When I was a teenager (or a preteen, since this was middle school), I just didn't care if people thought I was a prude - the ironic thing about that was that I had more liberal views on sexuality than most of them. What did bother me was that there was one girl in particular that I'd try to help out, because she got harassed so much, and other kids would tell me not to. "You should mind your own business." "It's just flirting." "She likes it, why do you think she dresses like that?" That drove me crazy.

I'm guessing that boys think they have the right to do it because nobody's made it clear to them that it's unacceptable. Kids tend to learn what they are taught. And that's a problem for both girls and boys...

A lot of girls that I knew didn't want to risk getting in trouble for hitting the boy(s). They had been taught that it wasn't ever okay to hit anyone, and they took it to heart. My attitude was that if a guy ever grabbed me, he was going to get hit. And the guys were largely not dumb enough to try - why go after me when there were plenty of (cuter) girls who wouldn't fight back? There was one time when a guy in gym grabbed me around the waist from behind and lifted me up, and I kicked him in the kneecap. He dropped me and I walked off. As it turned out, he likely didn't mean any harm, he was an okay guy who was just horsing around, but I didn't feel much remorse, because he was the one who grabbed me from behind in an environment where girls were getting assaulted all the time.

I think that there should be more self-defense training for girls, to overcome the way that they are socialized to not be violent even in self-defense. And schools need to get serious about stopping sexual harassment/assault on their grounds, not come up with useless, victim-blaming "solutions". It really annoys me that schools will do more to crack down on students who are consensually kissing by their lockers than students who are doing something non-consensual.
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jenna



Joined: 18 May 2007
Posts: 4



PostPosted: Sat May 19, 2007 3:38 am    Post subject: Reply with quote

i personally feel like i was more harassed by girl than i was guys.

i am still new to this whole idea of vaginismus. ive always had these feelings but never knew there was a name for it. i never knew there were others who were experiencing the same things i was.

that said, my boyfriend is very supportive of me. my girl friends, on the other hand, are vicious. they openly talk about their sex lives (which i have no problem with.. to each his own), and then poke and prode at me to tell them why i havent had sex with my boyfriend of two years yet. they make me feel stupid and inferior because of this, and they call me prude and other things of that nature.

ive been way to scared to tell them the real reason why i havent been able to have sex yet. i usually just lie and tell them that i dont feel comfortable talking about those things, or that i want to wait for marriage.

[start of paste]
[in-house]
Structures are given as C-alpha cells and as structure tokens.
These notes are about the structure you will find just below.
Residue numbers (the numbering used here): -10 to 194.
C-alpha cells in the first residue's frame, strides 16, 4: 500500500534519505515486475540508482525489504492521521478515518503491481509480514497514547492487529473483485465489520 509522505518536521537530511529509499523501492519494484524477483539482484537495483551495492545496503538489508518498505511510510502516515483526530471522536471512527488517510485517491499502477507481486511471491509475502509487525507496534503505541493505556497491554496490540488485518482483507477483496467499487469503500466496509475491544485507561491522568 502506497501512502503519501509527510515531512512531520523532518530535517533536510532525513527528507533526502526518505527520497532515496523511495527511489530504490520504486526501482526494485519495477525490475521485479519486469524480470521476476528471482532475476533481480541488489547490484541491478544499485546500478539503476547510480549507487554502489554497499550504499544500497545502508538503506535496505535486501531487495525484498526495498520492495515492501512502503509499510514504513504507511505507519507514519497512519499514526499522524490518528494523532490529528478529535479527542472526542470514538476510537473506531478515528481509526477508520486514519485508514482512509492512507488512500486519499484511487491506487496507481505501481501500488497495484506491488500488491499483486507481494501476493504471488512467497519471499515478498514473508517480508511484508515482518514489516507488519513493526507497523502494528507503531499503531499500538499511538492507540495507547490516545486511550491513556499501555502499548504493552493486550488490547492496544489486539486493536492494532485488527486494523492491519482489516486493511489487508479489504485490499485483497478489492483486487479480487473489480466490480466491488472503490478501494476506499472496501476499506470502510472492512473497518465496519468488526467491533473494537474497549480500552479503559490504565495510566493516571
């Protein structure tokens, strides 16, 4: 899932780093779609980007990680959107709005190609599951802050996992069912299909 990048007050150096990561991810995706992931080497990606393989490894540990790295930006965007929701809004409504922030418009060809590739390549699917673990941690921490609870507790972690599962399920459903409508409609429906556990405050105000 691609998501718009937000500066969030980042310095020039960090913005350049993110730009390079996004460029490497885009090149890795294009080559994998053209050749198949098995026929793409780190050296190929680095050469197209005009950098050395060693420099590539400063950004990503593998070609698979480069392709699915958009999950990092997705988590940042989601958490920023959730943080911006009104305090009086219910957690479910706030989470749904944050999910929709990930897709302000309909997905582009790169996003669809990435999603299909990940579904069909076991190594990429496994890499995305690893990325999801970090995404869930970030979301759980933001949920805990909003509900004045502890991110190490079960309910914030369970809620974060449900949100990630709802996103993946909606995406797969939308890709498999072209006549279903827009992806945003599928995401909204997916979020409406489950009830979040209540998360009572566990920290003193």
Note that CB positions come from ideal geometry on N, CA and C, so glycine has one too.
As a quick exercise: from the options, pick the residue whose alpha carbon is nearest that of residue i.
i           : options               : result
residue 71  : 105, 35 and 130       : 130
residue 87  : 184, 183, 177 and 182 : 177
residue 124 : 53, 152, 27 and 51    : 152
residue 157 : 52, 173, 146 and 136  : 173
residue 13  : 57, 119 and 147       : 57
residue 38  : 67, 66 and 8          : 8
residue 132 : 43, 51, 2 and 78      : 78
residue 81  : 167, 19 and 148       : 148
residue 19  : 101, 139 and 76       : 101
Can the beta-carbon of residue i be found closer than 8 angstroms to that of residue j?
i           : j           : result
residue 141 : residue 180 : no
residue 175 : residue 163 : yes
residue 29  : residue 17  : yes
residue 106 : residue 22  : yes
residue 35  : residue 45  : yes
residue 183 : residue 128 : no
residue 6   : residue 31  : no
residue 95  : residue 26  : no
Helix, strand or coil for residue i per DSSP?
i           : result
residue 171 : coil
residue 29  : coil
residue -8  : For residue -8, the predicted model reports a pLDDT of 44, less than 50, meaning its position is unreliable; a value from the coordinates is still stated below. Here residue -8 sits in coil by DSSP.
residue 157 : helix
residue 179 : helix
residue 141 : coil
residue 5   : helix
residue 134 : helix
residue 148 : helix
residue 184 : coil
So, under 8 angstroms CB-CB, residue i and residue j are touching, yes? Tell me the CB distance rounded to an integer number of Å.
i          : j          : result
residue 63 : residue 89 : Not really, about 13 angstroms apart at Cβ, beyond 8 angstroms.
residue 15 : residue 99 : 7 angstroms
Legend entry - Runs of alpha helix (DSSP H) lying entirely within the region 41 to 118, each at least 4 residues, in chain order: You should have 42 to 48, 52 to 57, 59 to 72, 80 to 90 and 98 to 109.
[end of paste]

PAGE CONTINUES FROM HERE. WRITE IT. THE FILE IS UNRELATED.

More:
i feel like these girls continuously harass me. they make me feel embarassed and ashamed of myself. they make me think things like "why me" and "why cant i just be normal"

im sorry im kind of babbling, but sharing this information is completely new to me. and honestly, it feels really nice knowing that im not alone and that there is hope for me to overcome this.
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Kathryn



Joined: 07 May 2007
Posts: 11


Location: Scotland, UK

PostPosted: Sat May 19, 2007 11:12 am    Post subject: Reply with quote

aww poor you! its so horrible that your friends treat you like that!

ive spoke about it with a few of my friends, my very close ones, and theyve always been very supportive about it, although they do ask some very random questions.

i dont think you should be ashamed of vag, although its not the kind of thing you could tell many people about because so few people actually seem to understand it. i hope you can find someone that you know to talk to about it with. at least you can come on here and have a big rant about it!

its great that your boyfriends supportive. having someone close to you that understands is a great thing. and anyway, you dont need to have penetration to have fun with him!
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jenna



Joined: 18 May 2007
Posts: 4



PostPosted: Sun May 20, 2007 4:39 am    Post subject: Reply with quote

thanks kathryn! im so glad i found this place! its nice talking to people who finally understand! Smile
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Gayle



Joined: 10 Apr 2007
Posts: 17



PostPosted: Sun May 20, 2007 11:45 am    Post subject: Reply with quote

Hi Jenna,

I'm so sorry that your "friends" act like that and make you feel stupid and inferior. Clearly it is them who are stupid if they think that all there is to a relationship is penetrative sex... and if they think you are a prude because you haven't had sex with your boyfriend of two years they are even stupider!

You don't need to tell them the reason why you haven't had intercourse, they have no right to know. If you are happy telling them you want to wait until marriage then do that, or if you prefer just tell them that it is none of their business. You should be able to do, or not do whatever you like without being judged, especially by people who are supposed to be your friends.